In the ninth lecture, Groen demonstrates that errors in religion cause errors in politics and political theory. Whereas historically, the West had recognized divine sovereignty as the basis for state and society, it now declared human autonomy the basis. Epistemologically, autonomous reason usurped the place of divine revelation, and truth became a matter of convention. Ethically, justice became increasingly equated with expediency.
At the heart of unbelieving political theory is a false anthropology that blames institutions, rather than persons, for the origin of evil. Revolutionary political theory posits that human nature is good but distorted by institutions—and thus we must alter the institutions so that man can once again be good. In particular, we must abolish any form of hierarchy, conceive of society as an aggregate of individuals, and get rid of all differences, distinctions, and inequalities.
Further, the state—rather than being seen as authorized by God—replaces God, demanding that citizens surrender their lives to it. And consequently, religion must surrender to the state:
What will be the policy of the revolutionary state with respect to religion? To tolerate all religions while having no religion itself. With one proviso, of course—that the state shall command reverence toward its own precepts for politics and morality and ban any religion that refuses to bow before the idol. (103)
Groen concludes by arguing that the principle of unbelief promises liberty, but in the end only offers radicalism or despotism, either in the rending of the social fabric or in government tyranny (107).
Consequences of Flouting Creation Order
In the tenth lecture, Groen argues that neither individuals nor societies can flout creation order forever with impunity. History is replete with examples of how pagan ideology brushes up against the divine order. Revolutionary ideas are no exception; they are positively and repeatedly contested by creation order and divine law (109). As revolutionaries overthrow every aspect of Christianity and the moral order, they’ll pursue sensual pleasures and temporal interests alone.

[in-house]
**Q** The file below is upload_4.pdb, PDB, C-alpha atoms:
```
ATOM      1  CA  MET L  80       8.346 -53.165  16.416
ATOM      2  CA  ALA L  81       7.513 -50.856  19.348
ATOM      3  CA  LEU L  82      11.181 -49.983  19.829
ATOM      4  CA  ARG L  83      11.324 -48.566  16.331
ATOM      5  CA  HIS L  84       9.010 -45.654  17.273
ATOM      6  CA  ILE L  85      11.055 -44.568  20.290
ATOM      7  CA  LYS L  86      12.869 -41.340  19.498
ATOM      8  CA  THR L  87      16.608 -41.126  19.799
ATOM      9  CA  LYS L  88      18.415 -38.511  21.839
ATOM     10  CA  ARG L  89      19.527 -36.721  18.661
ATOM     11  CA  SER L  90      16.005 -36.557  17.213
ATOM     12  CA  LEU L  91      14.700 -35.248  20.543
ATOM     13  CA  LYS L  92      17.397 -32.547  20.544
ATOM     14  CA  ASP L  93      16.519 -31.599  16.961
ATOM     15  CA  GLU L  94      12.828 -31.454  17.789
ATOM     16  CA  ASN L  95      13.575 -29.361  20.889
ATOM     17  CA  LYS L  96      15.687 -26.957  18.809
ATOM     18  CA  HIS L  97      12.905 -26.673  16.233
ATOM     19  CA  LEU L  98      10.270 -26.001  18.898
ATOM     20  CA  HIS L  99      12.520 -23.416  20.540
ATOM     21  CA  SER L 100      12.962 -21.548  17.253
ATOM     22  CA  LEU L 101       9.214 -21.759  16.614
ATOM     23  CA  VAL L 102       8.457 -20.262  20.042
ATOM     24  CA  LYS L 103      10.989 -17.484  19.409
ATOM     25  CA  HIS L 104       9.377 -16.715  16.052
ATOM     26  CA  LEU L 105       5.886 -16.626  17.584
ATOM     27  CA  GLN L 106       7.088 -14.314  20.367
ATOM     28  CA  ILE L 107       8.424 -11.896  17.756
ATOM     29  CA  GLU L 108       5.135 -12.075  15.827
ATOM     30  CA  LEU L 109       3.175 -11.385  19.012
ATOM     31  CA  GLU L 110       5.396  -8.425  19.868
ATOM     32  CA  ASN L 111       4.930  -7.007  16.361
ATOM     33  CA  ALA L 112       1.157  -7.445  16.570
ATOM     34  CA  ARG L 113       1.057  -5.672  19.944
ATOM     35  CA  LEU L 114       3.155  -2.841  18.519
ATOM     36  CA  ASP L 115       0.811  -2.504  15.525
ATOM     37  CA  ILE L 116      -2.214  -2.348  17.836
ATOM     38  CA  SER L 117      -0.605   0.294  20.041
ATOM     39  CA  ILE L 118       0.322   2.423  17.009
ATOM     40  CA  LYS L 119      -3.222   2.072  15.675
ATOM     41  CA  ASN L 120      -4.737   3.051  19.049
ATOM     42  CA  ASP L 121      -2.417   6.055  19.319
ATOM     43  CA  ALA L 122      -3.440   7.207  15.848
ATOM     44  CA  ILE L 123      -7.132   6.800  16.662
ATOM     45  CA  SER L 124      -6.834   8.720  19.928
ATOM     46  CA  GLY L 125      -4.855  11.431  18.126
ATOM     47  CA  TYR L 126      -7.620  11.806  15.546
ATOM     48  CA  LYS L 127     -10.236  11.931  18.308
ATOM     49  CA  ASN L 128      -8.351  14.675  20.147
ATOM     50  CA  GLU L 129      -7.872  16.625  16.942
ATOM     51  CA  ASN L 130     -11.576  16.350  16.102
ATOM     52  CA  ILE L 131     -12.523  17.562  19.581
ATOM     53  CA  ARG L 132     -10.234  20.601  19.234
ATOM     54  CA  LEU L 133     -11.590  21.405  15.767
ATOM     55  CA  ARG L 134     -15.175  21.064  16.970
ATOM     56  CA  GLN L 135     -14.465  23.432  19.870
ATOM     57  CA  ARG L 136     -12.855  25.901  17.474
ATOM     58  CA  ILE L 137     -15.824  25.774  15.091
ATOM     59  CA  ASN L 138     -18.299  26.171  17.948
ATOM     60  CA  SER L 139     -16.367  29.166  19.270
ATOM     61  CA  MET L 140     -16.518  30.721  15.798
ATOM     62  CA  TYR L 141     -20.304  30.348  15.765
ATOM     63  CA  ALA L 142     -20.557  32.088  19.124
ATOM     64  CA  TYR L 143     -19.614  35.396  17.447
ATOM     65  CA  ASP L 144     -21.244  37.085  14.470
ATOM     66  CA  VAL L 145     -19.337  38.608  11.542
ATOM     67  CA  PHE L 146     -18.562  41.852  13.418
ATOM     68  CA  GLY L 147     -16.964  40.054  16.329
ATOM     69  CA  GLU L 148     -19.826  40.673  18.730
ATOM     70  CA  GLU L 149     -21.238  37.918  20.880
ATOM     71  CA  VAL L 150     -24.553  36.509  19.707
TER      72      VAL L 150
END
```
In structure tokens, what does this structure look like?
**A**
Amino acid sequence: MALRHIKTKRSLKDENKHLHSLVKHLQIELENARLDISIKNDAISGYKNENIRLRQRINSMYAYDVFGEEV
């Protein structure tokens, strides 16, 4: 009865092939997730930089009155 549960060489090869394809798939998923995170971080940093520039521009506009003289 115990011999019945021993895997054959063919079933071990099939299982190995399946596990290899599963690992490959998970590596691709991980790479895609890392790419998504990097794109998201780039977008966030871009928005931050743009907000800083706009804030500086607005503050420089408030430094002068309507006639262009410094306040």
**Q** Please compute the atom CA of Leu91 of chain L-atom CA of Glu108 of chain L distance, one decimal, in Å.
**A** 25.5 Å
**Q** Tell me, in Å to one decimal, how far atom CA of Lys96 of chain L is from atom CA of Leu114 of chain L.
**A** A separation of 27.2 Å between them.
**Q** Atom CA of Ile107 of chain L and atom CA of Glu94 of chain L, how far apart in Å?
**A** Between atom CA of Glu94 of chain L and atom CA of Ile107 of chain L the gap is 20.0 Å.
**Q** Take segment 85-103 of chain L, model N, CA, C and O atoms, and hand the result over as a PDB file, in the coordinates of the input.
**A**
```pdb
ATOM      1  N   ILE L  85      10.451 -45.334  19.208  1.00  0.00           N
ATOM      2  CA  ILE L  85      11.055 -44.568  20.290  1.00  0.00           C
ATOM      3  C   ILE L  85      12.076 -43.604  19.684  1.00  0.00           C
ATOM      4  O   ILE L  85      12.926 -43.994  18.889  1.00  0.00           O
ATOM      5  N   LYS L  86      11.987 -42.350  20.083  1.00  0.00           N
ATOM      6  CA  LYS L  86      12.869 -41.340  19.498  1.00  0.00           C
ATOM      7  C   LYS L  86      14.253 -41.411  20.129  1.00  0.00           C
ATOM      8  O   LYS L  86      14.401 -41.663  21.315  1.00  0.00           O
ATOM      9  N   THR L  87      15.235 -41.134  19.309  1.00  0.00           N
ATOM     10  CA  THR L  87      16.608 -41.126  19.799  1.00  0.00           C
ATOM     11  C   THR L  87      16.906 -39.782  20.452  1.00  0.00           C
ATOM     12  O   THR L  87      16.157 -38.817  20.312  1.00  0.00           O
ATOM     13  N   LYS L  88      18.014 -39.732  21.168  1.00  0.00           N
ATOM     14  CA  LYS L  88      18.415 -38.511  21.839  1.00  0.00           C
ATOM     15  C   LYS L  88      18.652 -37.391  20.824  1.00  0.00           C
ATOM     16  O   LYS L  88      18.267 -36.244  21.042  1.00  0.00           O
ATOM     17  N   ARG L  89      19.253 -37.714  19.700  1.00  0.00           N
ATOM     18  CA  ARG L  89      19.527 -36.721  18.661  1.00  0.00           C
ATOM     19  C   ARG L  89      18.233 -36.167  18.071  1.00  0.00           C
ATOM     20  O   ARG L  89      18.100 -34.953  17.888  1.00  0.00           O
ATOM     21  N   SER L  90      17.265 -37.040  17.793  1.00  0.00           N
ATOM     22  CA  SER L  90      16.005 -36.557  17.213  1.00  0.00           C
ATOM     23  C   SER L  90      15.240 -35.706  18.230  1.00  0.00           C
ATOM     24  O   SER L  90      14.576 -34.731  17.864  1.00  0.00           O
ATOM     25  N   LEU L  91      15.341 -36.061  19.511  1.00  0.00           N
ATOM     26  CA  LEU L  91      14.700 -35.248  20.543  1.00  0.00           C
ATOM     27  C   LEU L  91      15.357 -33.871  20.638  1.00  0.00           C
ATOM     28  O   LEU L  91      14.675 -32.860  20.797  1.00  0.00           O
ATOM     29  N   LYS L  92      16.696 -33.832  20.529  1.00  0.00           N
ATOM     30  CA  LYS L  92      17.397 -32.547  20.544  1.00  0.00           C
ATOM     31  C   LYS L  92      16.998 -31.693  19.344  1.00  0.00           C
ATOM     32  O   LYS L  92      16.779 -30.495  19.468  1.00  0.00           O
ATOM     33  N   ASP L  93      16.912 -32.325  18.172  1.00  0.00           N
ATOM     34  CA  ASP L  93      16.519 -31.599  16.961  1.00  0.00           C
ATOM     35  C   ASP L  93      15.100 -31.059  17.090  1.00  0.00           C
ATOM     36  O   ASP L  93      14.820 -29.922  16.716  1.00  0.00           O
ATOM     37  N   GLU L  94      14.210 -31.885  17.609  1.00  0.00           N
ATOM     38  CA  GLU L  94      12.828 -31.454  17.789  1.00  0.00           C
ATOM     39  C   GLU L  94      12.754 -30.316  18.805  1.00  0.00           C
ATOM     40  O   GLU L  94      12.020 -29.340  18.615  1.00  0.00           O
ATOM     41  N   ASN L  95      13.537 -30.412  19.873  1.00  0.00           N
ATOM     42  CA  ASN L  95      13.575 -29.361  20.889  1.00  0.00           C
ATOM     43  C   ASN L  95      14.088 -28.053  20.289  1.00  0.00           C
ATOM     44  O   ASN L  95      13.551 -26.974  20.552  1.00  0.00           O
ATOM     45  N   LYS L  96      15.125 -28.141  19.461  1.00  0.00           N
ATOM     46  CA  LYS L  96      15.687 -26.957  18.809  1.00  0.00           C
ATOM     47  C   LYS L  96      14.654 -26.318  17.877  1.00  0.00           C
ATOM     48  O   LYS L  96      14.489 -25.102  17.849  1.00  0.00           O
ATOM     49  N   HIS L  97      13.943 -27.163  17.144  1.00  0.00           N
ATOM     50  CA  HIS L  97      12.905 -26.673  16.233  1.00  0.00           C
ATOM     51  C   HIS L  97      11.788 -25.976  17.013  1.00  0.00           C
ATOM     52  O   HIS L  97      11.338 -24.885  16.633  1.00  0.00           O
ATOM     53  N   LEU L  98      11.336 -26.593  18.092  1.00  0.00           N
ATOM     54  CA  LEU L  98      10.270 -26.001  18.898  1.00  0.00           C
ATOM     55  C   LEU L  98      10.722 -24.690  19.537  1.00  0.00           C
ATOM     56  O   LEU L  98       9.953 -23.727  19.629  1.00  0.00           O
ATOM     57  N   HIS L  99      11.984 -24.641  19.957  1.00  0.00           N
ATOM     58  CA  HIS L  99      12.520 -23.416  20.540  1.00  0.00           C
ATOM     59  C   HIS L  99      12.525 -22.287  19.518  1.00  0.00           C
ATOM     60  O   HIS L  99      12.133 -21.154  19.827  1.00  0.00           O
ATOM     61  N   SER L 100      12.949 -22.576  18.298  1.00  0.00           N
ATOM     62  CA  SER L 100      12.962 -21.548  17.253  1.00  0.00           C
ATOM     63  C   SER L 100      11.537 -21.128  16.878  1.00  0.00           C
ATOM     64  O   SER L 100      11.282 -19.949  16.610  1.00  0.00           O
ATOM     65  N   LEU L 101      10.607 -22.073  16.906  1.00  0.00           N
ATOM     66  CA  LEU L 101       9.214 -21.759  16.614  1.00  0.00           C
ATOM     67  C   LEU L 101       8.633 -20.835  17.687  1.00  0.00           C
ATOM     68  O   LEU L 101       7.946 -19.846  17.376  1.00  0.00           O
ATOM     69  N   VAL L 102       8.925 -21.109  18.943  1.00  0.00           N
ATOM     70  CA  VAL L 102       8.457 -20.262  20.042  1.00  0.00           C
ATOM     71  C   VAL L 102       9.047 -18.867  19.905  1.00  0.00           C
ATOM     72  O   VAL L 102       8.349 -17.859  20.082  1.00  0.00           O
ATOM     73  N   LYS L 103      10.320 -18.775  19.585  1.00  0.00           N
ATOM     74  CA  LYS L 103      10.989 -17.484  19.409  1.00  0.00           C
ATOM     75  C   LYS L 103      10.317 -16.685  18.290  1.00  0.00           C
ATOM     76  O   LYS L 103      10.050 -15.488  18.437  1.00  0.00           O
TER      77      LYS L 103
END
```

Yet the idolatry of sensual pleasures and temporal interests will have negative consequences, and as those consequences become more profound and severe, the social fabric will be torn, and the state will be called in to ameliorate the consequences. In fact, Groen devotes Lectures XI–XIV to articulating a five-stage cycle in which revolutions experience the negative consequences of their unbelieving ideology.
Faith Overcomes the World
In his conclusion, Groen encourages Christians to proclaim the gospel, urging them to consider that even though Revolutionary ideas are powerful, the gospel is more powerful. We must preach the gospel even when the response is nothing but opposition. Groen writes:
Faith overcomes the world. If we wish to overcome the world it is needful first of all to cast down in our minds all imaginations and every high thing that exalts itself against the knowledge of God, and to bring every thought into captivity to the obedience of Christ. Let us always remember that the cry, “Help thou mine unbelief!” is preceded by the shout of joy, “Lord, I believe!” Let us never forget that all activity, also in history and politics, is of no value in the estimation of him who knows the heart if it is not sanctified by the twofold prayer that expresses the common need of philosopher and child alike: “Be merciful to me a sinner,” and “My soul cleaves to the dust; quicken thou me according to thy word.” (247–48)
I’m grateful that I found Guillame Groen van Prinsterer’s Lectures on Unbelief and Revolution while browsing the shelves of a used bookstore in Raleigh almost a decade ago. Although the edition I found was nearly worthless in monetary terms—faded and tattered as it was—it is priceless in its ability to help us understand the West’s recurrent social, cultural, and political convulsions. Although I didn’t agree with everything he advocated—e.g., I don’t want to push for a monarchical republic—I recognized immediately that he was right about the unbelieving roots of modern political ideologies.
This volume is priceless in its ability to help us understand the West’s recurrent social, cultural, and political convulsions.
Under the pretense of neutrality, the West’s revolutionary ideologies function as immanent systems of salvation. For that reason, it’s unsurprising that the West continues to experience social and political convulsions. Creation order and the moral law can’t be contradicted forever with impunity. And, as Groen rightly predicted, the situation will only worsen unless God grants us spiritual renewal and cultural and political reform.